After heading towards a few vultures perched in a dead leadwood, we soon discovered the last little remains of a young giraffe carcass. Probably the victim of a few hungry lions. After driving around we found two very full Ndzhenga Males who promptly got up and went for a drink just the perfect light was illuminating the scene.
The last shot of the Nkoveni Cub that I managed to take before it was likely to have been taken out by the Three Rivers Female that night.
A gorgeous female who is found to the east of camp. Easily recognised by her 2:2 spot pattern she is often to be found in Marula trees.
With the spectacular orange hues on the western horizon after sunset, a Verreaux’s Eagle Owl flew into a dead tree nearby allowing me to snap a silhouette shot of it.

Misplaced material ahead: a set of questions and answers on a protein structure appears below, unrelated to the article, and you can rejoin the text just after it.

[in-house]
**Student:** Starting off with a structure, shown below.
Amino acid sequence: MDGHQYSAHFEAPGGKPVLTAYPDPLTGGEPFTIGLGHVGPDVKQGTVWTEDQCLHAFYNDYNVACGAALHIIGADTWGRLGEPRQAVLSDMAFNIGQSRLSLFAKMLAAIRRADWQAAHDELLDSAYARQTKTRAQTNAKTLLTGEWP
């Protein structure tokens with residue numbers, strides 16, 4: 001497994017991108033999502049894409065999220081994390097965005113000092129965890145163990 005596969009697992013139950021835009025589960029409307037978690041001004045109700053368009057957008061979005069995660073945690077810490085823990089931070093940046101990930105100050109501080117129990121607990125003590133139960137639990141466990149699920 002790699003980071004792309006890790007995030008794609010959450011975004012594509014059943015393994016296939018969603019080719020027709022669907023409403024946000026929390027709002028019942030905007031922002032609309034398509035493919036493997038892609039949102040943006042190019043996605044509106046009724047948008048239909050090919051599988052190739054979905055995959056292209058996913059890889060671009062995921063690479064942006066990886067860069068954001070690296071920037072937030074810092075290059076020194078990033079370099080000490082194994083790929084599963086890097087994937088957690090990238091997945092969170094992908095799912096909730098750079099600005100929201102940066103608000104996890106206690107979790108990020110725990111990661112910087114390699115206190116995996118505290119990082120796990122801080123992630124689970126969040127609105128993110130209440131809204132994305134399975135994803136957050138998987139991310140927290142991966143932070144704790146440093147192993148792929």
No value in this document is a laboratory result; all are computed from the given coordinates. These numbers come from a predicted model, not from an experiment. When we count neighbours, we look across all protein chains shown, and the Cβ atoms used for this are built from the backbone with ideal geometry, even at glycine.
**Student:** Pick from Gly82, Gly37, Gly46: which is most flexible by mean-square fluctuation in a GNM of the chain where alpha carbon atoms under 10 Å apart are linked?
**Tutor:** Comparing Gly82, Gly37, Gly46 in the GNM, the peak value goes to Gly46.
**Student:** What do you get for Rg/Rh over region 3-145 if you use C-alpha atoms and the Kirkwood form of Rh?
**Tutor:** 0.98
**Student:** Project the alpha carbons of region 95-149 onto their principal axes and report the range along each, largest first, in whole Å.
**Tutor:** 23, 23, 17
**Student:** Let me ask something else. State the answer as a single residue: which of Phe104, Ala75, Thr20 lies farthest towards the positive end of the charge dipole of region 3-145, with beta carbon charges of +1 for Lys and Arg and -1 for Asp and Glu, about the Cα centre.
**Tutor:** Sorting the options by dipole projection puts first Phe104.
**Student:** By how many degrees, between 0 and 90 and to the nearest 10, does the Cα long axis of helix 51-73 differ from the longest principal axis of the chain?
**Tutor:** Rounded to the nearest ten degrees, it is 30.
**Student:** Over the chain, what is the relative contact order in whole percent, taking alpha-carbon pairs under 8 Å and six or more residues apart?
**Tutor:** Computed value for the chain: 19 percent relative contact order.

Late in the afternoon, we slowly meandered our way through a meandering herd of buffalo which seemed to take forever. There were probably more than 1 000 buffalo in this herd one of the largest gatherings of these enormous bovines that I have seen in a long time.
Expanding their reign, one of the Ndzhenga Males becomes a little better acquainted with a Talamati Lioness as the two spend four days together mating.
Speaking of mist, a different perspective of the Sand River on a fairly chilly morning as the dawn breaks.